The major group that has to be educated the most about ageism will be the people who care for or will be caring for us baby boomers. As of right now, the people who run many nursing homes and assisted living facilities have a tendancy to lump all residents under their care into one all-inclusive catagory...OLD.
Although I am only 69, I am perceived by the management of the ALF I live in as being in the same catagory as the 80 year olds that share the space with me. As a post WW2 "baby" , my views and abilities in many cases, are so far opposite from those septo's and octo's that we , for all practical purposes, are from a different planet.

Umm, I have had a couple of reactions to today's post. Yes, as a society we need to value the gifts and experiences of older people, what ever the age. And it is a conversation we need to continue. Ronni, I think your blog helps with the discussion - I have been reading it and sharing it with friends and family for a couple of years who are a multitude of ages.

As a boomer, I started searching a few years back to learn from those who have gone before me (that is how I found your blog). I watched what my parents did and didn't do; and my grandparents before them and I am working to find my way. Some of the things I observed I don't want to follow and others I do - such is the reality of being the next generation, I am certain my children will follow some of my actions and ignore others.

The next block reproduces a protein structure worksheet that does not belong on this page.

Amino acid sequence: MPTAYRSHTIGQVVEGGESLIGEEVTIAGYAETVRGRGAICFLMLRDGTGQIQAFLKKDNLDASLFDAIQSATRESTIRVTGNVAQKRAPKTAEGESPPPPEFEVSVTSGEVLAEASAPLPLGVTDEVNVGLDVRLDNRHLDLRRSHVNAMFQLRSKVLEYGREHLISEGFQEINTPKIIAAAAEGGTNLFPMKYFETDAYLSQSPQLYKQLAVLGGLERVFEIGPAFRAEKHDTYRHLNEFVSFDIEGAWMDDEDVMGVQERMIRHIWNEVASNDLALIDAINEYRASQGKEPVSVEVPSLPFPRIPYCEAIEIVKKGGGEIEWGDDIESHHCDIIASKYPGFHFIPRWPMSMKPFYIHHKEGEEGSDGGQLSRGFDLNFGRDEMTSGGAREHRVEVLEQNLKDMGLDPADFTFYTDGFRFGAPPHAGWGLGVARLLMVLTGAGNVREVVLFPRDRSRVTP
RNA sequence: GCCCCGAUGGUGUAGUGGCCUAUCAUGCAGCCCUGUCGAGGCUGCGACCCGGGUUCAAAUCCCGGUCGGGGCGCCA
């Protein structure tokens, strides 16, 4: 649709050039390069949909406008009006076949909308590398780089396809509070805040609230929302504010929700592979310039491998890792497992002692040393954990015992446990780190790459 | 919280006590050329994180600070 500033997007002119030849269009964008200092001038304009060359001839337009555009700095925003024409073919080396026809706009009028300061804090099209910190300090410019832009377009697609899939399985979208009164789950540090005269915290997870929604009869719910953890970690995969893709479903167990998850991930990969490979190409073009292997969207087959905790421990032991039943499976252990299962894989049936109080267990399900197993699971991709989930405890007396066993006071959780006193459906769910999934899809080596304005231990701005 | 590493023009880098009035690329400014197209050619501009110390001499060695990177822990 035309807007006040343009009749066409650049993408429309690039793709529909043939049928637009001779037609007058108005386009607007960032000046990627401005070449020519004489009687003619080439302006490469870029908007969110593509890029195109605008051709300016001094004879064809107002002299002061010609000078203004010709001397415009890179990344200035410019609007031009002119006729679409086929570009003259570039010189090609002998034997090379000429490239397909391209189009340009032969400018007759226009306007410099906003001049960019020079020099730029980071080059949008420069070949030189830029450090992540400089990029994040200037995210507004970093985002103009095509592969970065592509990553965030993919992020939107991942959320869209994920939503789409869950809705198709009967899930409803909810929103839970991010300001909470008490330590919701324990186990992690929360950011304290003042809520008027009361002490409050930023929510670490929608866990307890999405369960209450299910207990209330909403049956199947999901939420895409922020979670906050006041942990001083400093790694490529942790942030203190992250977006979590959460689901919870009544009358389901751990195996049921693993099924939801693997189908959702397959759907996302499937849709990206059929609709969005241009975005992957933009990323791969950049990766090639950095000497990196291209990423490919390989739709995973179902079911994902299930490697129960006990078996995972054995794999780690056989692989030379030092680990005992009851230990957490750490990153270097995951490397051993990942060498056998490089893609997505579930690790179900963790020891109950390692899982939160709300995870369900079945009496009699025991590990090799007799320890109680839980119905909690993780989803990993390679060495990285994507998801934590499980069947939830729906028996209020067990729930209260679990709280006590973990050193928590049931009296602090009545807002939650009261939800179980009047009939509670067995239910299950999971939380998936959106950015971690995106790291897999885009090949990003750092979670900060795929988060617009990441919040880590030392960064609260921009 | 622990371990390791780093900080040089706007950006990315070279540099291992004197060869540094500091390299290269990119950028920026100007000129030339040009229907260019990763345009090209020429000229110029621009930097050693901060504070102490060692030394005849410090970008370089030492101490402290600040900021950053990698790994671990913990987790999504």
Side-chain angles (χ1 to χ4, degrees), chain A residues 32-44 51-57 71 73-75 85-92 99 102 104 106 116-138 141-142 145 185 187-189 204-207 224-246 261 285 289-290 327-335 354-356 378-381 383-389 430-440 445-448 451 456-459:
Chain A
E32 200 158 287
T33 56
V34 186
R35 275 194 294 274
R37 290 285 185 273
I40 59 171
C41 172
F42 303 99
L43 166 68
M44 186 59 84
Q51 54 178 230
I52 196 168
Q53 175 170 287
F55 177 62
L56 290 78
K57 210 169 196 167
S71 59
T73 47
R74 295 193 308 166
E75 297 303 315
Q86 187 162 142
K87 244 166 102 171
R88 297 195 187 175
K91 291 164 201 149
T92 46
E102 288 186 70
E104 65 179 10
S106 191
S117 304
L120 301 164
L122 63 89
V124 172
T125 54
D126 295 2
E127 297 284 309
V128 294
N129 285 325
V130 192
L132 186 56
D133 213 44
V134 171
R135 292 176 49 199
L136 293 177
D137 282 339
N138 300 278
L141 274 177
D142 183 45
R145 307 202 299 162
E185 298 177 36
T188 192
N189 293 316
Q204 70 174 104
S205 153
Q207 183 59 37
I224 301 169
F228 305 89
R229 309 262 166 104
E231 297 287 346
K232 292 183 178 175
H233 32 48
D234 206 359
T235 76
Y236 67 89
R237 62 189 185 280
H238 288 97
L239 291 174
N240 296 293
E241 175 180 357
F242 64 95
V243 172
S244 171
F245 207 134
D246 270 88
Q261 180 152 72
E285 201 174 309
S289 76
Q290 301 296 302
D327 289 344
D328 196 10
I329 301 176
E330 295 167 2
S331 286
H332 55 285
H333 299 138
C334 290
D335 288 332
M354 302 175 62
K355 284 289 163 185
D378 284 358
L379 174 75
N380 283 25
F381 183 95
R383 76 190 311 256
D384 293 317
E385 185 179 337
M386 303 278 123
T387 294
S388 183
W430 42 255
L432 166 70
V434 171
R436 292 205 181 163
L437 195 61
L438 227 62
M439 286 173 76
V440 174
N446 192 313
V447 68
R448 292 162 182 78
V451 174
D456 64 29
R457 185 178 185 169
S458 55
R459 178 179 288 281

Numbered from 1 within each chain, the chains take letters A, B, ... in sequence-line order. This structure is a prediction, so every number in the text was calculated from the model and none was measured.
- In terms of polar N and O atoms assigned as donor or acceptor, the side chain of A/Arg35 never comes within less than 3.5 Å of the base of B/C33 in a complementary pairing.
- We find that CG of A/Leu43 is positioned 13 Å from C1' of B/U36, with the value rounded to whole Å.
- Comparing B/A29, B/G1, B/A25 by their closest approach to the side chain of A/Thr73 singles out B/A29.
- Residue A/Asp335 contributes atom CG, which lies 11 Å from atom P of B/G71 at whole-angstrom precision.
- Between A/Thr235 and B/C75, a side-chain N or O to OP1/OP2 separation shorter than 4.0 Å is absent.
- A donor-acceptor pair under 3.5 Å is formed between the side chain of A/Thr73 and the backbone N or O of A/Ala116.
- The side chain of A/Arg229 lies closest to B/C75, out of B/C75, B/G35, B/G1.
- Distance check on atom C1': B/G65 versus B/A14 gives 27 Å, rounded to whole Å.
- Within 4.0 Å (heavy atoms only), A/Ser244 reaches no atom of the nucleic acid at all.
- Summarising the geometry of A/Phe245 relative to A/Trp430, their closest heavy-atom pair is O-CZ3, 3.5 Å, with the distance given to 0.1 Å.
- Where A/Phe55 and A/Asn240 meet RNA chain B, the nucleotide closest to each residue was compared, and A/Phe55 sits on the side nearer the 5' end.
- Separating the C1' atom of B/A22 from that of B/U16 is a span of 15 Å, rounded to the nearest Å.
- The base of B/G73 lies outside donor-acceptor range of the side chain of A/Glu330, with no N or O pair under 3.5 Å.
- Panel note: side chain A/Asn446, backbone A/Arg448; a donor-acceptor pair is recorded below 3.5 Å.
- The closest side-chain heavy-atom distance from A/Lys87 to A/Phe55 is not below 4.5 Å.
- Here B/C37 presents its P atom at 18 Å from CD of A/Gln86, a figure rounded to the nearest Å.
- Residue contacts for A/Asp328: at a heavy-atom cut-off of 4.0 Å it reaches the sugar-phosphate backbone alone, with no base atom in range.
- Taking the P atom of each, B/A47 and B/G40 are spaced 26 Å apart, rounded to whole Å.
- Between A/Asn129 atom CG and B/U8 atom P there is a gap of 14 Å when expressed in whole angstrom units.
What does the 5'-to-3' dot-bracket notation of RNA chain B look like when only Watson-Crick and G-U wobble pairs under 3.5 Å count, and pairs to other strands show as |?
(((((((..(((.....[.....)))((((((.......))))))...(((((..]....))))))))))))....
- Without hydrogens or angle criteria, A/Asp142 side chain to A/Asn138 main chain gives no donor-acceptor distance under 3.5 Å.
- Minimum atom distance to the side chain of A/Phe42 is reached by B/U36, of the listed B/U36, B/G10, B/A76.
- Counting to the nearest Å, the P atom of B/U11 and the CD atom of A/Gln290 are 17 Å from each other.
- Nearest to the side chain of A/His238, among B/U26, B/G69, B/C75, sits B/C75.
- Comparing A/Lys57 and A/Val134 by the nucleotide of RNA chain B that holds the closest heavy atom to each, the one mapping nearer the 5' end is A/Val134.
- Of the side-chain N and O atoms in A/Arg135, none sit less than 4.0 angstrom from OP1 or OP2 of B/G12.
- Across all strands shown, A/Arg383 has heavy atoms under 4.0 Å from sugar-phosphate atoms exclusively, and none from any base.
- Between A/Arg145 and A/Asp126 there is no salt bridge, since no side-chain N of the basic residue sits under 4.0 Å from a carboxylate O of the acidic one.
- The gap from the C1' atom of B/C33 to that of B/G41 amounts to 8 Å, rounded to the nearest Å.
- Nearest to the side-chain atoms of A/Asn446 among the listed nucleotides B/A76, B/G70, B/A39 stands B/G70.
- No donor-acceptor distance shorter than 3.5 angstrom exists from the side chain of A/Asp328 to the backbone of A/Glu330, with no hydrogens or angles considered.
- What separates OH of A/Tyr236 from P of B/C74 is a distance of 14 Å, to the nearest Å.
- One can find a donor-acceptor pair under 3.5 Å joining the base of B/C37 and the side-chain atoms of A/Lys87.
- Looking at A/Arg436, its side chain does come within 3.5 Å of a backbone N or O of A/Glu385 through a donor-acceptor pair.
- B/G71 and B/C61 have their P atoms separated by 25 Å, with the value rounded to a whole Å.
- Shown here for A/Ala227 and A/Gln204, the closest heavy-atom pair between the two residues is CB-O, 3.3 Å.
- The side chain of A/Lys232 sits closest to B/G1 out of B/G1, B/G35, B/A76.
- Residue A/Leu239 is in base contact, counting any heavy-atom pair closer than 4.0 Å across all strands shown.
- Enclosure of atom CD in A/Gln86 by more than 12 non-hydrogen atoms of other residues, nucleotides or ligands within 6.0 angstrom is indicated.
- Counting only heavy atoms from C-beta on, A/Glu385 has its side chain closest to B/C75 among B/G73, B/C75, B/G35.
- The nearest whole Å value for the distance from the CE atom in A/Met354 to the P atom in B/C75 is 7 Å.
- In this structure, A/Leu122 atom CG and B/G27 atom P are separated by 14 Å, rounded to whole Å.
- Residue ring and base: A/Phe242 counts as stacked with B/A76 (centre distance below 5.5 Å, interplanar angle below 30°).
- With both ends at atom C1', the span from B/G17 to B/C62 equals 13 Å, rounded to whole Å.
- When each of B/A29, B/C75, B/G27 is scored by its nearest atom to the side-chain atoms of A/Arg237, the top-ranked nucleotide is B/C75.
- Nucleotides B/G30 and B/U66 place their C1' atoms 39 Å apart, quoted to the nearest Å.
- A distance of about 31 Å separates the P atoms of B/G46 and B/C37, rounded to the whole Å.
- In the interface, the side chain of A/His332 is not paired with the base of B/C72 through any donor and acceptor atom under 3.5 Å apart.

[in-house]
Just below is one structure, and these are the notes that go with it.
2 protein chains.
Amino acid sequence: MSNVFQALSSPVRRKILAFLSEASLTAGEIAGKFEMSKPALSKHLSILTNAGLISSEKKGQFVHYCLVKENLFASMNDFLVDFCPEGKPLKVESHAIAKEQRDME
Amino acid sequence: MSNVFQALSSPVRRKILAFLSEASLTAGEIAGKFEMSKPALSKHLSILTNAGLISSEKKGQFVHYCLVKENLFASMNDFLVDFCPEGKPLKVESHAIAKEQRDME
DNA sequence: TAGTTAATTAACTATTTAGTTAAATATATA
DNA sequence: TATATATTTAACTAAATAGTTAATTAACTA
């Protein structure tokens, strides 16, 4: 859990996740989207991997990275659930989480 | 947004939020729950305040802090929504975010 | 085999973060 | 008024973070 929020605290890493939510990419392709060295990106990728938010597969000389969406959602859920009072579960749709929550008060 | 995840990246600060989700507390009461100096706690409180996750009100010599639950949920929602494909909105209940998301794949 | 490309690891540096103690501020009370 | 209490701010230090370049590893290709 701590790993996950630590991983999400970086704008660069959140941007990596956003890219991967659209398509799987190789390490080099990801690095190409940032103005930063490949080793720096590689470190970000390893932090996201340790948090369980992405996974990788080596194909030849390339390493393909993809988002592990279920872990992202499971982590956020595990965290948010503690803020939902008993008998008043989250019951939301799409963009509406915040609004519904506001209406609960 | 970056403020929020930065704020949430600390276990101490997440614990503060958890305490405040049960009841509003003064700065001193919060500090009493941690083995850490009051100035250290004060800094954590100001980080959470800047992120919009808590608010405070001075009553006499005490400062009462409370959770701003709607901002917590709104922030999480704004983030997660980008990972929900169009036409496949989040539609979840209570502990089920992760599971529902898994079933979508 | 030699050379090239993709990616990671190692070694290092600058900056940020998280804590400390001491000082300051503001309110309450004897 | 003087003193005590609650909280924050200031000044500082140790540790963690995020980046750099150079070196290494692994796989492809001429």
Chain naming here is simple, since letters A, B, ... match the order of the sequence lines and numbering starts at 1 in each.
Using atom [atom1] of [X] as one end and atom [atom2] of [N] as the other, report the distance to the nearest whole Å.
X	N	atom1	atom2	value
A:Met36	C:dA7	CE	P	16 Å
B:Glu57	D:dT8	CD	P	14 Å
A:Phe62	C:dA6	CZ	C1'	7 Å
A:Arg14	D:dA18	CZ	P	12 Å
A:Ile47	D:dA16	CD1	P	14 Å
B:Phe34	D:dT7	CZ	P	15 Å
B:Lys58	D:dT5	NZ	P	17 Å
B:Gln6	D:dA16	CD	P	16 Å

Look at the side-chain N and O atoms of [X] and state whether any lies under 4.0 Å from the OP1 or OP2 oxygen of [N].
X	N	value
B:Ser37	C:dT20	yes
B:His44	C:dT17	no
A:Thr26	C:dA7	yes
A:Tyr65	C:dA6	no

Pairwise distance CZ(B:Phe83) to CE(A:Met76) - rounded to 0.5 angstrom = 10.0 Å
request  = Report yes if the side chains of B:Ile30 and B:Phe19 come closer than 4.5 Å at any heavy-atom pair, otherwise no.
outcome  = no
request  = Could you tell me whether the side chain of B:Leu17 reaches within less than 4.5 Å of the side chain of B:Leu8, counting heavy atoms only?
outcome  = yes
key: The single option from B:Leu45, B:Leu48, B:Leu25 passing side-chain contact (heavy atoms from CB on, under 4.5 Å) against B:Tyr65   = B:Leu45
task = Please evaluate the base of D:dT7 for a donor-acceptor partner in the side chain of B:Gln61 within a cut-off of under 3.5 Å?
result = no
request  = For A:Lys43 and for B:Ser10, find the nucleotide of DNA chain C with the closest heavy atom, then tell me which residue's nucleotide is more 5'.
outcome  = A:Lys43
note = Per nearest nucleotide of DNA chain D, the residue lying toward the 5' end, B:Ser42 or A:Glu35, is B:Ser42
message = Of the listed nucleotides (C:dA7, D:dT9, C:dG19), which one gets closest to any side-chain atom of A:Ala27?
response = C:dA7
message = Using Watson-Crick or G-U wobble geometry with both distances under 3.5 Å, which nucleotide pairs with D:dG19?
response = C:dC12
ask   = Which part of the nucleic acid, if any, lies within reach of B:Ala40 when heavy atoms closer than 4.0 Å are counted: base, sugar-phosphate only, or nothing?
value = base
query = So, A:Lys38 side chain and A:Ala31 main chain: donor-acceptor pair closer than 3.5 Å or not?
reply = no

Thanks for the conversation.

Jean said all I wanted to say, And death does follow old age. It's a fact of life.

I'm not a baby boomer. I'm a war baby. Still, I agree with Gutman's assessment that my "proper focus is not 'aging and death.' It’s 'aging and life.'” At least until my health dictates otherwise.

I've long heard many old people lament, "Those youngsters just don't listen to us." Nothing new about that.